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              Minimum alveolar concentration: ongoing relevance and clinical utility.

              Since its introduction in 1965, minimum alveolar concentration (MAC) has served as the standard measure of potency for volatile anaesthetic agents. It is defined as the minimum alveolar concentration of inhaled anaesthetic at which 50% of people do not move in response to a noxious stimulus. Within the last 20 years, it has been discovered that volatile anaesthetics inhibit mobility largely through action on the spinal cord, whereas the amnesic and hypnotic effects are mediated by the brain. Studies suggest that the concentration of volatile anaesthetic needed to prevent explicit memory from developing, and to produce unconsciousness, is usually substantially lower than the concentration required to prevent movement in response to surgery. This review highlights the contributions and limitations of MAC and its derivatives as metrics of anaesthetic potency with respect to particular behavioural outcomes. Recent evidence is presented suggesting that a protocol that alerts anaesthetists whenever MAC falls to < 0.5 or 0.7 has the potential to decrease intra-operative awareness with explicit recall, possibly to a similar extent as does a protocol based on processed electroencephalography-driven alerting. Anaesthesia © 2013 The Association of Anaesthetists of Great Britain and Ireland.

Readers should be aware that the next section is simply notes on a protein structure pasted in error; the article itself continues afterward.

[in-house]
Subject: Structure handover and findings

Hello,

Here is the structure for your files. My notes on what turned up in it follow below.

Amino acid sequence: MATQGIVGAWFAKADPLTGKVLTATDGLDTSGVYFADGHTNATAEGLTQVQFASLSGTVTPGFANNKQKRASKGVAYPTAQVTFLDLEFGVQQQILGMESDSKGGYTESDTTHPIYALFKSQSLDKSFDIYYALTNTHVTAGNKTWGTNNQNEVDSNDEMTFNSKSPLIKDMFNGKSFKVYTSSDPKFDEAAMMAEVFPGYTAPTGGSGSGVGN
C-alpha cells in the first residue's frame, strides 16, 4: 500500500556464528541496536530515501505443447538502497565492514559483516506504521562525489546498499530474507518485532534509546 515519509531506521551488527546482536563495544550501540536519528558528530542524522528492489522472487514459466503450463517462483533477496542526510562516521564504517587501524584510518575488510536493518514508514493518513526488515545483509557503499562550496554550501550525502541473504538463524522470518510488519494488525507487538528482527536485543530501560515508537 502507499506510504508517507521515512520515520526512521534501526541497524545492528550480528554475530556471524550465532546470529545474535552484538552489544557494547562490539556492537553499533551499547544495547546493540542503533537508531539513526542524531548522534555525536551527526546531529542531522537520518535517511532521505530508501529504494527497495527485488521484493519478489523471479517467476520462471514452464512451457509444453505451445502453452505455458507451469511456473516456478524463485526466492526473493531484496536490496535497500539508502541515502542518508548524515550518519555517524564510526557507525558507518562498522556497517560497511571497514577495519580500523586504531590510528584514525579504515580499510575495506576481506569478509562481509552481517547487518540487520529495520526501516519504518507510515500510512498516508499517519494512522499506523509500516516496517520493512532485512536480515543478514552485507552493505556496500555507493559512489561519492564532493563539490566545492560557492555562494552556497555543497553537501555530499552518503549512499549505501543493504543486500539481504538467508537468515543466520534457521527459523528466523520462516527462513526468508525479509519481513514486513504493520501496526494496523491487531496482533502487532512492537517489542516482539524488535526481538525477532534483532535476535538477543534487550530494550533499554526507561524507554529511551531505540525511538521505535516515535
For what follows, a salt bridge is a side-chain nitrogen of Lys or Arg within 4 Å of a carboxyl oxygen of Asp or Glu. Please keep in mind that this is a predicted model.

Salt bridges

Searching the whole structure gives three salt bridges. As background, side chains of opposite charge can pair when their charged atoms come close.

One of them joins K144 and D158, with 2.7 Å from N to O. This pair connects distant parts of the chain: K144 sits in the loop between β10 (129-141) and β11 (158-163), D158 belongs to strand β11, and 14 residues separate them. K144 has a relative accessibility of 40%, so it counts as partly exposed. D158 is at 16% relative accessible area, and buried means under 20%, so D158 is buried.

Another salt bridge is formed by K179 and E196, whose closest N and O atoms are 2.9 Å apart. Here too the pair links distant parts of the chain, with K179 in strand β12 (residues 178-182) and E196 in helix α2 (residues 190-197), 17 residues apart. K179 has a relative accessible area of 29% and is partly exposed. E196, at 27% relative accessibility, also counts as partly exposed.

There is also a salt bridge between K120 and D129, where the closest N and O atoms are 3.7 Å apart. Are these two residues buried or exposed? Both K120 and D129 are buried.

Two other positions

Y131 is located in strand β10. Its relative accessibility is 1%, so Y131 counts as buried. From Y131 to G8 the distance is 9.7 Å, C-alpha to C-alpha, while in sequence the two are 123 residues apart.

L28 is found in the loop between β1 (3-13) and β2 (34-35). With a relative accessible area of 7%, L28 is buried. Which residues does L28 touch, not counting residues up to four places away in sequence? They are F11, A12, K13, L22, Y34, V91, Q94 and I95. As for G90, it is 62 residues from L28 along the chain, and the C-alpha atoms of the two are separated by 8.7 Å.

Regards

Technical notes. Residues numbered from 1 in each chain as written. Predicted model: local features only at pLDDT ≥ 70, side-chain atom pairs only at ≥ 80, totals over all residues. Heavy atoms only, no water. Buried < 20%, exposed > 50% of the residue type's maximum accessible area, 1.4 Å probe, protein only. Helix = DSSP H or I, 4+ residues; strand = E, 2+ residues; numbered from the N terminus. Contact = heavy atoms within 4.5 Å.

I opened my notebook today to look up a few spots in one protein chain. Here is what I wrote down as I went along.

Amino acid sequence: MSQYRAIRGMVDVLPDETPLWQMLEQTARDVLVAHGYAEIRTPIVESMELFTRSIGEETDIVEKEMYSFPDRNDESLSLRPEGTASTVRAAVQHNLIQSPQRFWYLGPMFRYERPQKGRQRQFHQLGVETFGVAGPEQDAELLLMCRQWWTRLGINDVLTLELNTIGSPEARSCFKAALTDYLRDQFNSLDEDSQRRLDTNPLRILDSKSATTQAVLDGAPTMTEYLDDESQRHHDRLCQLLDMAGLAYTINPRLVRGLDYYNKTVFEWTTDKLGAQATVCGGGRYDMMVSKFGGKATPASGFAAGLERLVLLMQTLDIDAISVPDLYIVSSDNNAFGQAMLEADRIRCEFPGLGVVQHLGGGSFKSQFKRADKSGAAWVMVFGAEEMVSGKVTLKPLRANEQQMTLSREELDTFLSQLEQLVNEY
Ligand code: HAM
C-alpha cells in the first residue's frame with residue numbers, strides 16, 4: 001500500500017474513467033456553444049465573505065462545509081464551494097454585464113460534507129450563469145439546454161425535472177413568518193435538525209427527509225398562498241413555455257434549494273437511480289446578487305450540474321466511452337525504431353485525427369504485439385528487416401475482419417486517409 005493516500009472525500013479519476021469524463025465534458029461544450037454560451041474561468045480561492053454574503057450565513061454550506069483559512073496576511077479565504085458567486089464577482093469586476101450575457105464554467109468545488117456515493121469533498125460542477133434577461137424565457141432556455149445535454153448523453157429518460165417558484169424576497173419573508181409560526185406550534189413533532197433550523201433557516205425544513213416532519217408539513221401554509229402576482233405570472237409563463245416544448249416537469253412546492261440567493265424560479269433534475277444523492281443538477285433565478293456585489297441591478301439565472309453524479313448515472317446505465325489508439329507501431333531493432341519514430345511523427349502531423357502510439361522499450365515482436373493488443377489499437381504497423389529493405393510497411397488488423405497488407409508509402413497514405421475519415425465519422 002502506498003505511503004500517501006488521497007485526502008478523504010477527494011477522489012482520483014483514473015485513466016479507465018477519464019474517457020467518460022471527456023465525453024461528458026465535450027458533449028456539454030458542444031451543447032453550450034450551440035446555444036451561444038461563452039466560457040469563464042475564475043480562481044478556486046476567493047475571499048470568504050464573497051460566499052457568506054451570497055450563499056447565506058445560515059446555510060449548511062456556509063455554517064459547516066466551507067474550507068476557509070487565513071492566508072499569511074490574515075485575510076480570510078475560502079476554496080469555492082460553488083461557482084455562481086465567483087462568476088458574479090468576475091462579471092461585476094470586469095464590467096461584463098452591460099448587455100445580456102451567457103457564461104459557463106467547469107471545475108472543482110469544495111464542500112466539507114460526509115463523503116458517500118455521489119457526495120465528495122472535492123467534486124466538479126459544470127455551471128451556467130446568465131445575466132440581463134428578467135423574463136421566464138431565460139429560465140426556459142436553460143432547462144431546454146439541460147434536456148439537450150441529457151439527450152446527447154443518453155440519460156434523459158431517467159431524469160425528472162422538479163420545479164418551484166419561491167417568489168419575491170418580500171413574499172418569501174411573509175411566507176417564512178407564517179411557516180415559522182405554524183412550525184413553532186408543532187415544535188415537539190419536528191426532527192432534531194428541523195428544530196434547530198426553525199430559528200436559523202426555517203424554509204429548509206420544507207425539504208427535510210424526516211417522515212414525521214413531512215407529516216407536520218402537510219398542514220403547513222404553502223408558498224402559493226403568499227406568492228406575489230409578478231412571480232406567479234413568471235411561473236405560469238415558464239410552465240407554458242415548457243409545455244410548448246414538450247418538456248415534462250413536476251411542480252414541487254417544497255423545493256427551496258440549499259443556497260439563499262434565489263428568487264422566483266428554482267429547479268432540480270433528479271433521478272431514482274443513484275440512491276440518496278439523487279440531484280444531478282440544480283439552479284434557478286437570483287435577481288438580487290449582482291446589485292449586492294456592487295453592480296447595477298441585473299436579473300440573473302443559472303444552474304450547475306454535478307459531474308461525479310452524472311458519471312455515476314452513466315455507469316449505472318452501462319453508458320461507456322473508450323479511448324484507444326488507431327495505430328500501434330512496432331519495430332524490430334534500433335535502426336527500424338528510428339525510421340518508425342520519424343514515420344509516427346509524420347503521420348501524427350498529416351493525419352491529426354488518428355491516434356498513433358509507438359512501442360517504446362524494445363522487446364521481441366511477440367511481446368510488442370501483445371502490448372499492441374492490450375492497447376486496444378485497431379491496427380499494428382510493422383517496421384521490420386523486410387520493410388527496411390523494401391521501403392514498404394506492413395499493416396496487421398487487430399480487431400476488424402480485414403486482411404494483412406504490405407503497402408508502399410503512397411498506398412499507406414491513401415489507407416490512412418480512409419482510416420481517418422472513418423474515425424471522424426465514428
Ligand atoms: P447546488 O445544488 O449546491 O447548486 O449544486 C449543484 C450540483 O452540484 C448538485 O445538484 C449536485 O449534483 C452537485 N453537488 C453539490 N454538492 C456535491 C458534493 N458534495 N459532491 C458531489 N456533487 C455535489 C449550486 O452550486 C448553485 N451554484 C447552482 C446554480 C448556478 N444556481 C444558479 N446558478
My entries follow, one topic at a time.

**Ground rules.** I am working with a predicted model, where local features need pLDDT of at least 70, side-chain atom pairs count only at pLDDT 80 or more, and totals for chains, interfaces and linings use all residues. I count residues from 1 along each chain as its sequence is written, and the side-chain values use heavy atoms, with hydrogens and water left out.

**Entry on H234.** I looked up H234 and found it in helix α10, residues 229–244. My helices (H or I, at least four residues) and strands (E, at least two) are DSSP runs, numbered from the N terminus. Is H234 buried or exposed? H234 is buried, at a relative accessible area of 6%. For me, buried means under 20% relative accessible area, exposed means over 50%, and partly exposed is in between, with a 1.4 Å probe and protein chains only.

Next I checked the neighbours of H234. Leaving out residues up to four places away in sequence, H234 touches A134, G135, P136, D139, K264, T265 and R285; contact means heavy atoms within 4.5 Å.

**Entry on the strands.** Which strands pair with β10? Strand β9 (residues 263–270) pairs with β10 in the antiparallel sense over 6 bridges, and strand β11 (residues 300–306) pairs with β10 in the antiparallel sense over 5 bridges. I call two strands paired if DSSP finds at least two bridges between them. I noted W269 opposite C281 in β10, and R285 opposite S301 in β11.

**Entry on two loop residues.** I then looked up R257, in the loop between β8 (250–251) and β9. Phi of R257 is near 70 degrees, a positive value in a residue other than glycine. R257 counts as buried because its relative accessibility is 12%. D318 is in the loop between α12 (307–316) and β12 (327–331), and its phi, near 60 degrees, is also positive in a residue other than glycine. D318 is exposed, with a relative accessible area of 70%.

Author and article information

                Role: Academic Editor
                Medicina (Kaunas)
                21 January 2021
                February 2021
                : 57
                : 2
                Department of Anesthesiology and Pain Medicine, Haeundae Paik Hospital of Inje University, 875 Haeun-daero, Haeundae-gu, Busan KS012, Korea; iceneco1120@ 123456gmail.com (E.K.); ironism00@ 123456gmail.com (B.C.L.); H00150@ 123456paik.ac.kr (J.H.P.); painlse@ 123456gmail.com (S.E.L.); anesehunkim@ 123456outlook.kr (S.H.K.); yivangin@ 123456naver.com (D.O.); H80639@ 123456paik.ac.kr (D.Y.C.)
                Author notes
                [* ]Correspondence: H00319@ 123456paik.ac.kr ; Tel.: +82-51-797-0423; Fax: +82-51-797-0499
                © 2021 by the authors.

                Licensee MDPI, Basel, Switzerland. This article is an open access article distributed under the terms and conditions of the Creative Commons Attribution (CC BY) license ( http://creativecommons.org/licenses/by/4.0/).